Where There’s Smoke… How Tobacco Affects Your Dental Health

November 17th is the 36th annual Great American Smokeout, a holiday created to help smokers quit. The American Cancer Society sponsors rallies, meetings, and educational events across the country; the Smokeout website features quitting aids like smoking cost calculators and desktop widgets. Quitting smoking is beneficial to your overall well-being, your wallet, and your oral health. Here are just a few of the dental problems caused by tobacco

Slow Wound Healing: Smokers take longer to heal after oral surgery, tooth extractions, and placement of dental implants. The heat from lighting up irritates soft tissues in your mouth, and the chemicals in cigarette smoke hinder your normal healing mechanisms. Carbon monoxide and hydrogen cyanide decrease oxygen transport and increase platelet adhesiveness, making internal blood clots more likely to form. Nicotine restricts blood flow and reduces production of red and white blood cells. Dry mouth, or xerostomia, caused by smoking also increases healing time and makes you more vulnerable to infection

Periodontal Disease: The factors that slow healing time also increase the likelihood of periodontitis, or gum disease. 80% of Americans have gum disease, and those who have it may not know they do. Red, tender, swollen gums that bleed during brushing or flossing are signs of periodontal disease. If left untreated, periodontitis becomes irreversible, and leads to bone loss and possible loss of teeth. Gum disease has also been linked to increased risk of cancer, heart disease, stroke, pregnancy complications, and Alzheimer’s disease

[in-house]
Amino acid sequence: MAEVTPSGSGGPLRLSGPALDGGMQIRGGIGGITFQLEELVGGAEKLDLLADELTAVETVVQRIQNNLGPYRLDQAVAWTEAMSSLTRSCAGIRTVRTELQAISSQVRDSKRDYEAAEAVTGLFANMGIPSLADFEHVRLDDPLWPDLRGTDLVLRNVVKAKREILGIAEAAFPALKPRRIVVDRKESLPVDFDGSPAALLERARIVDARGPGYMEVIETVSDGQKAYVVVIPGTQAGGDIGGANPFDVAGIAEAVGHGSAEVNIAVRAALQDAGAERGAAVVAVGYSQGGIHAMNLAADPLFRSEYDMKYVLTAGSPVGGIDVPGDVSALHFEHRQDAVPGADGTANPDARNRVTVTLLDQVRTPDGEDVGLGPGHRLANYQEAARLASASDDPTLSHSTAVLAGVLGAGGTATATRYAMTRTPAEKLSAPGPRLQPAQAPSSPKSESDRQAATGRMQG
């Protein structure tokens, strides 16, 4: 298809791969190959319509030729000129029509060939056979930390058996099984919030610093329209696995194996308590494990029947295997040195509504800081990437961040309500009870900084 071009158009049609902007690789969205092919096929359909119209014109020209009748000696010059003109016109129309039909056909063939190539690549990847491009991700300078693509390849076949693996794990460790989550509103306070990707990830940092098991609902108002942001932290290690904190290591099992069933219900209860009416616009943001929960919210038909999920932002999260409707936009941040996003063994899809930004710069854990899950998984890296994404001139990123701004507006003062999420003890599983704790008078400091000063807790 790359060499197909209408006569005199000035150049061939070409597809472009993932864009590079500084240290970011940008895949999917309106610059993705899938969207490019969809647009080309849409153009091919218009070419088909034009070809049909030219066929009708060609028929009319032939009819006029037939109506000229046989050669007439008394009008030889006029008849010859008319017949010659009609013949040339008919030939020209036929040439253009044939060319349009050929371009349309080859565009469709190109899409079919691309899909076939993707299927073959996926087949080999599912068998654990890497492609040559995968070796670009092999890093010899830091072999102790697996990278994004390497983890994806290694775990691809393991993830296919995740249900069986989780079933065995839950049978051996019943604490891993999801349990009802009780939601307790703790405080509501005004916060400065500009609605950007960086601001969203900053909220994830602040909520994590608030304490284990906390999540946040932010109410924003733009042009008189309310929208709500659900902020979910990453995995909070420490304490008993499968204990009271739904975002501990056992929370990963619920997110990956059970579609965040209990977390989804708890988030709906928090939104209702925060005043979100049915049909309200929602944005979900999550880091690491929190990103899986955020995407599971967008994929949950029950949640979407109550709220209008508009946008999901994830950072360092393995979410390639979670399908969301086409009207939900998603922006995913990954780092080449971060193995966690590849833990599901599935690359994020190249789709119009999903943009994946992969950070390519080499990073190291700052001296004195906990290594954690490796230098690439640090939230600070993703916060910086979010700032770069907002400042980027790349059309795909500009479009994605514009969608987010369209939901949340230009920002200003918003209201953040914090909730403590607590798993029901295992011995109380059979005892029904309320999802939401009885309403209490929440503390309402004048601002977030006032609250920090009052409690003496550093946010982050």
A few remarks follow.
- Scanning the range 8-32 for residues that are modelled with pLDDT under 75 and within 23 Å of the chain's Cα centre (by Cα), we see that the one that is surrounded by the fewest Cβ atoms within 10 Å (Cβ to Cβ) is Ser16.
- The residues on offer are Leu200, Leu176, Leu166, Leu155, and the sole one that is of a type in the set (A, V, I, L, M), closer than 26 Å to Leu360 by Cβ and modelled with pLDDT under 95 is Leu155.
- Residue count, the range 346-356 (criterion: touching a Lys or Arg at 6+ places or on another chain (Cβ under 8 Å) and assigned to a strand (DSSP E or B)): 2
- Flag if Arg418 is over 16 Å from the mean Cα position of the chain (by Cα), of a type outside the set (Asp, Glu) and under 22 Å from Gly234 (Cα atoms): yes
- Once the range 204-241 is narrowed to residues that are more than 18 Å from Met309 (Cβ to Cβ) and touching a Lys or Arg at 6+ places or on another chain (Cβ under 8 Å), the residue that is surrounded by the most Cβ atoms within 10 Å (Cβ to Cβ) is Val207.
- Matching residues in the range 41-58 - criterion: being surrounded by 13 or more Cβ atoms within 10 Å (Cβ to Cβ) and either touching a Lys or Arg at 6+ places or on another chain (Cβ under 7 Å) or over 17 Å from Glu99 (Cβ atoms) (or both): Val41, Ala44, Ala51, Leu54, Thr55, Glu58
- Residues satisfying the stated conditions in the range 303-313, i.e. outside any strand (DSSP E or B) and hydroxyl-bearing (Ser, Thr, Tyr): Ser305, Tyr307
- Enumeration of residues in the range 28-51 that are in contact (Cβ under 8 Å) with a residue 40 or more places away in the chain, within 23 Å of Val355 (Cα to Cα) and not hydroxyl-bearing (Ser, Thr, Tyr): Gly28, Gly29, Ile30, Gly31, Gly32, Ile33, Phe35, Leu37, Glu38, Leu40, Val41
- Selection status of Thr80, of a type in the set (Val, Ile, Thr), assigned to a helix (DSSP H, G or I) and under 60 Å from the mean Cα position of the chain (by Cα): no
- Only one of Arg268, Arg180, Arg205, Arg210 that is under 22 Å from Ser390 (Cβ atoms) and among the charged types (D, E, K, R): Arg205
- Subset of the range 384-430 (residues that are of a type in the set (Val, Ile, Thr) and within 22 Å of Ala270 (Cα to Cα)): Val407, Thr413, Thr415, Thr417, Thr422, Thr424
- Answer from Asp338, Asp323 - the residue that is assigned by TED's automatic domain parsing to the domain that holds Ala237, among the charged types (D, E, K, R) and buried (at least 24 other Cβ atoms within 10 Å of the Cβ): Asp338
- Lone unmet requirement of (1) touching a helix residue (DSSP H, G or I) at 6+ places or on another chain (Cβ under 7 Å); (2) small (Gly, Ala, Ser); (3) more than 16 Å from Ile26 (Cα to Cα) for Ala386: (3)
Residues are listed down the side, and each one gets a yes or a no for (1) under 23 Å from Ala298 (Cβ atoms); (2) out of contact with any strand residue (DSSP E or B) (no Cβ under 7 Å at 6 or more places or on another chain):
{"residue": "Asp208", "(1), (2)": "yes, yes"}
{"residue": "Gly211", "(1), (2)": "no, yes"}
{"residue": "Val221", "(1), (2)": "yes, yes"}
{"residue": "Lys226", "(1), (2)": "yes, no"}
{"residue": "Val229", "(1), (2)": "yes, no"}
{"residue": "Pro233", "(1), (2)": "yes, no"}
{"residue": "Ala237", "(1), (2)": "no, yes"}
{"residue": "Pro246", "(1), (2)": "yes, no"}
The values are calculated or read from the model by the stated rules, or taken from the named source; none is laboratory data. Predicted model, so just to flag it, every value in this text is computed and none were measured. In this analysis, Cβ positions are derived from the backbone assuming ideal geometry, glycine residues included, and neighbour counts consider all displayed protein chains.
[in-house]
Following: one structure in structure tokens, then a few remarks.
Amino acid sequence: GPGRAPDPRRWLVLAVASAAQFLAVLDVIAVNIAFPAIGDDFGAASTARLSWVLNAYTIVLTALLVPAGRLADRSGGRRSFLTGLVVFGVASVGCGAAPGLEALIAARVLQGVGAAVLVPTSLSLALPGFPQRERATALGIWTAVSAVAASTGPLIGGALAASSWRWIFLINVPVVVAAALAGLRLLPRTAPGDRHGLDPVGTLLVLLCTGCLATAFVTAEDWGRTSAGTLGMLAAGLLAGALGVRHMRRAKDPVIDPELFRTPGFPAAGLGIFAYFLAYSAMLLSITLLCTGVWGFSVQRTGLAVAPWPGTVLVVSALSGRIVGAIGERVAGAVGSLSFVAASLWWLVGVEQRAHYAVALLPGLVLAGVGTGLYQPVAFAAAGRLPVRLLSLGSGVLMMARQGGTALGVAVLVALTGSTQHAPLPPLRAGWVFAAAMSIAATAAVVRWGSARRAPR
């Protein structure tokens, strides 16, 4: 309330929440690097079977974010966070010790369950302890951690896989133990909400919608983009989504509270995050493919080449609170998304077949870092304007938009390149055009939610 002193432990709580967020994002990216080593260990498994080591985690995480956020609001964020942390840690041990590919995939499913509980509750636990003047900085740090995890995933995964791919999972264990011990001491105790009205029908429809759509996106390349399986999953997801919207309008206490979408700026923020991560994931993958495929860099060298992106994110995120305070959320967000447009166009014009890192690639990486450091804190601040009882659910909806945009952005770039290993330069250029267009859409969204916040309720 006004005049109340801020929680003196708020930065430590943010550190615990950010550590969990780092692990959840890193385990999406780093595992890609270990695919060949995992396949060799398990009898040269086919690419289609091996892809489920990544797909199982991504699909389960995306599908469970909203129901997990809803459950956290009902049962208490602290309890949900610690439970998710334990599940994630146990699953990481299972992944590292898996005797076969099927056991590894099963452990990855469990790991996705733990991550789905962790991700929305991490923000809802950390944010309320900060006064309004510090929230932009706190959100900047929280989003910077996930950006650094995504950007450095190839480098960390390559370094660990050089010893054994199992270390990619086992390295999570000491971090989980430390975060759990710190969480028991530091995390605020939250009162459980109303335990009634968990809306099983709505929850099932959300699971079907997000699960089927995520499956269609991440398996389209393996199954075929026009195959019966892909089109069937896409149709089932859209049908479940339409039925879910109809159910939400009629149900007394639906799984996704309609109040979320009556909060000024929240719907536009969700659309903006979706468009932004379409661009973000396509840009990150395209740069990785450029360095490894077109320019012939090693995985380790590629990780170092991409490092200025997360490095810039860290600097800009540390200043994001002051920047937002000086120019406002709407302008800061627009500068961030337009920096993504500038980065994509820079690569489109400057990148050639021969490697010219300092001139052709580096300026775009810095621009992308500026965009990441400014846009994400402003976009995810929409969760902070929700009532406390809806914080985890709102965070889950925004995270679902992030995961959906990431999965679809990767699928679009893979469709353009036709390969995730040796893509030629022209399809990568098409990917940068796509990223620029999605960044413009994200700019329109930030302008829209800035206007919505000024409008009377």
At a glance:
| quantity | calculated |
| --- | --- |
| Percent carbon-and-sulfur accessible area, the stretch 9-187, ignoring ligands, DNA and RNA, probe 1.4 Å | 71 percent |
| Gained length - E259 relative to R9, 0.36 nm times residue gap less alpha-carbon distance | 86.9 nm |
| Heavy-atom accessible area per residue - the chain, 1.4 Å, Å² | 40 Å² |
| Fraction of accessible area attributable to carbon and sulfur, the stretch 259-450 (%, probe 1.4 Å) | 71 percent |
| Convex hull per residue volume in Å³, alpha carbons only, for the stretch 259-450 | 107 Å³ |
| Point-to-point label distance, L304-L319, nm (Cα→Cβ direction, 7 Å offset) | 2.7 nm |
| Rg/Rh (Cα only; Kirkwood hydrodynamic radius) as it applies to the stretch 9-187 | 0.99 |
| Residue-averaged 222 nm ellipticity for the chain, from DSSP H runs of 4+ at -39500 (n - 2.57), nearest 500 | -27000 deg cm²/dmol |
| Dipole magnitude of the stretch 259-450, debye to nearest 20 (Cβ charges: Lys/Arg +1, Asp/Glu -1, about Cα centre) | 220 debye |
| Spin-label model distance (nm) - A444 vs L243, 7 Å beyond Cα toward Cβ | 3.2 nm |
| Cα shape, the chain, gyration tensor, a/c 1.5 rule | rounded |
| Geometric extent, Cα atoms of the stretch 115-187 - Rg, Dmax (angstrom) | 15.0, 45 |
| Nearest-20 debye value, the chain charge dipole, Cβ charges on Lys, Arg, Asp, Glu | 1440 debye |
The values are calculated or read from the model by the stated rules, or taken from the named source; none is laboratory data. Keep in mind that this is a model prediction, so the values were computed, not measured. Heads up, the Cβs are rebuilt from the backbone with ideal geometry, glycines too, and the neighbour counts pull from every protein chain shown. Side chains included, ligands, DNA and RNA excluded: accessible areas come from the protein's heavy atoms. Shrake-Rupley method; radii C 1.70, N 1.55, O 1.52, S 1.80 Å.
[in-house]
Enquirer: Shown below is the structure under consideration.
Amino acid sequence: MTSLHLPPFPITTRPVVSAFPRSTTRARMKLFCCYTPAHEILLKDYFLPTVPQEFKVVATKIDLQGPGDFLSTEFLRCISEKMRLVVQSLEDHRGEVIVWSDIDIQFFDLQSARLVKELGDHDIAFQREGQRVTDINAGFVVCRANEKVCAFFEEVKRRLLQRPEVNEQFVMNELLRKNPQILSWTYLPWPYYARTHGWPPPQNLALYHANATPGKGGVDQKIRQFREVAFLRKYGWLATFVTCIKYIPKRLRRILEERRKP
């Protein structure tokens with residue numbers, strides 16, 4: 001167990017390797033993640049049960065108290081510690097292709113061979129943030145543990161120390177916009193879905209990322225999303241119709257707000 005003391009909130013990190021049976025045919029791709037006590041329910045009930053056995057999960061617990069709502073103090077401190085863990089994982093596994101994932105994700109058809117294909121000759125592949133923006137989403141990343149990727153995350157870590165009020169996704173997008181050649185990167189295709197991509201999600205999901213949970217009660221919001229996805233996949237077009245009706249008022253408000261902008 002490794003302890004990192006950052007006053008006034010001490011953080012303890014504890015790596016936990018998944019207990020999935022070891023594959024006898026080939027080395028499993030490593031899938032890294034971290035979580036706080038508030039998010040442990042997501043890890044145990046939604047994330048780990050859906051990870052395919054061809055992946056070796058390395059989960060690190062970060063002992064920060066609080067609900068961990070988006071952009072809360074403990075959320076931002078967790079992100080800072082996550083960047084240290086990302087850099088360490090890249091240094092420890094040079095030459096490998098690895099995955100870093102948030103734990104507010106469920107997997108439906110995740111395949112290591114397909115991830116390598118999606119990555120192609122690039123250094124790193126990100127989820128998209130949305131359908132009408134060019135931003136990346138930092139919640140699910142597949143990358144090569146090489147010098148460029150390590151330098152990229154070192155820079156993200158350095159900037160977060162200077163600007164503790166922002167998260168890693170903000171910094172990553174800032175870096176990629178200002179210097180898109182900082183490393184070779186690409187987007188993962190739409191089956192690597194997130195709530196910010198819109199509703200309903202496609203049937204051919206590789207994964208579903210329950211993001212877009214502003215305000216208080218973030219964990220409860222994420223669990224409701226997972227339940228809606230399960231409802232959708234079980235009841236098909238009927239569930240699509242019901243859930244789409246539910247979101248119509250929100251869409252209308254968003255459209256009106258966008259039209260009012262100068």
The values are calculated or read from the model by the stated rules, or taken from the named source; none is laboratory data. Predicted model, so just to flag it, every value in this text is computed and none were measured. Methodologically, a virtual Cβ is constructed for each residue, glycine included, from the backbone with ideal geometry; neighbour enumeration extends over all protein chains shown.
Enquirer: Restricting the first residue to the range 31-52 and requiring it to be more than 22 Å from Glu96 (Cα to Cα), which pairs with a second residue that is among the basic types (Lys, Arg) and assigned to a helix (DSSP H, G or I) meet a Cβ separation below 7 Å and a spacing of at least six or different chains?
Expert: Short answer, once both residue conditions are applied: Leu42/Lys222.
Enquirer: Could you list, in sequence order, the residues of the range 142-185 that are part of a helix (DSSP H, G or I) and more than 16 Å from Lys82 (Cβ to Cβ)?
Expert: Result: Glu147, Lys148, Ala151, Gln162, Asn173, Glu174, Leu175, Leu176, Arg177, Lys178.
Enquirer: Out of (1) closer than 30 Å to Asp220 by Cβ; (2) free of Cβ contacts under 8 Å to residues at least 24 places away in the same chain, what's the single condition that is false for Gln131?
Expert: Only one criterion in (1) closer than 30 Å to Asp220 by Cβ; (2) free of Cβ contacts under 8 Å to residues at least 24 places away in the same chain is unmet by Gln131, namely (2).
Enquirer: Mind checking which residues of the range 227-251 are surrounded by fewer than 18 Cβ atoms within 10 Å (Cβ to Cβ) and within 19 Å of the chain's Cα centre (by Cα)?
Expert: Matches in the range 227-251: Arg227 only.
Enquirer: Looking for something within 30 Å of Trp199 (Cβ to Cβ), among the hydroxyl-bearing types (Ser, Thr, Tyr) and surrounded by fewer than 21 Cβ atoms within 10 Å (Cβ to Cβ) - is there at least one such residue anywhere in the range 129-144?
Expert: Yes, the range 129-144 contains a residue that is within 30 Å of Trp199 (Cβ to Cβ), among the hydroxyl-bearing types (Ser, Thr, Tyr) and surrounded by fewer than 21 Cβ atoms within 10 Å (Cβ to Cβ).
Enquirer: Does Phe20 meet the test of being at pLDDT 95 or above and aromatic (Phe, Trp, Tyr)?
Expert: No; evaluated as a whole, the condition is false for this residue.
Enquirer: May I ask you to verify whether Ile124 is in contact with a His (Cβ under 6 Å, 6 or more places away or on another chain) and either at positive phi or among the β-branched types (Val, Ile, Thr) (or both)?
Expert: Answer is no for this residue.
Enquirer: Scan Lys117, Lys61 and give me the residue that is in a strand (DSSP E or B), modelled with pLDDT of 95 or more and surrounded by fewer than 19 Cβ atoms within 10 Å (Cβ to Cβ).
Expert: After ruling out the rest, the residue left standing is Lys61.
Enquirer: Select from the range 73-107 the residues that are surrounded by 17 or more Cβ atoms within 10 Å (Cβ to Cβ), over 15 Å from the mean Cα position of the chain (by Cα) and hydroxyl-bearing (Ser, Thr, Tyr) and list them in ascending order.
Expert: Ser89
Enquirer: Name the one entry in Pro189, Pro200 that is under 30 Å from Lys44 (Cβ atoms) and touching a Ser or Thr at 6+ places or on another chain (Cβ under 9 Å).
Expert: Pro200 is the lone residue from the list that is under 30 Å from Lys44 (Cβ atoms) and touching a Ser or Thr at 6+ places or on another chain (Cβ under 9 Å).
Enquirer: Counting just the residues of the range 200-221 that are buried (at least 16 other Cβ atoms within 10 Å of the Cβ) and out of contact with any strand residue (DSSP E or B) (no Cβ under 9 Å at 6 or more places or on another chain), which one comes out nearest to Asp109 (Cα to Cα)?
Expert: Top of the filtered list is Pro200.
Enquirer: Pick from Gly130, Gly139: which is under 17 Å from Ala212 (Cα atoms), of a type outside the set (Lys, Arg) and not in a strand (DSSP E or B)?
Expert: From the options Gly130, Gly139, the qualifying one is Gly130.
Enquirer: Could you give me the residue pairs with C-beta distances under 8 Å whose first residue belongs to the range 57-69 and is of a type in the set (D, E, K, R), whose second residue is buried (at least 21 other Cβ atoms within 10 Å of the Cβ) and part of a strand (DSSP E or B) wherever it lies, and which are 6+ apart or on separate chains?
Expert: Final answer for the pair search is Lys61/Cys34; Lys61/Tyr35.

Cancer: Use of tobacco and alcohol are the most known risk factors for oral cancer, but cases in young patients without these risks are increasing. Oral cancer is one of the most aggressive forms of the disease, and early detection is essential to a good prognosis. If diagnosed in stage I, patients’ five-year survival rate is about 90%. Unfortunately, since about two-thirds are caught in stage II or III, the overall five-year survival rate hasn’t risen much above 50% for decades. Screening for oral cancer only takes about five minutes.

Now is a great time to go “cold turkey” before enjoying your Thanksgiving turkey. Dr. Brad Greenfield can help you quit, and deal with any dental mishaps smoking may have caused. Be honest – about 22% of smokers lie to their dentists about it. Call Lake Orion Family Dentistry today at (248) 693-6213 to schedule your appointment. We serve patients in Lake Orion, Oxford, Auburn Hills, and surrounding areas.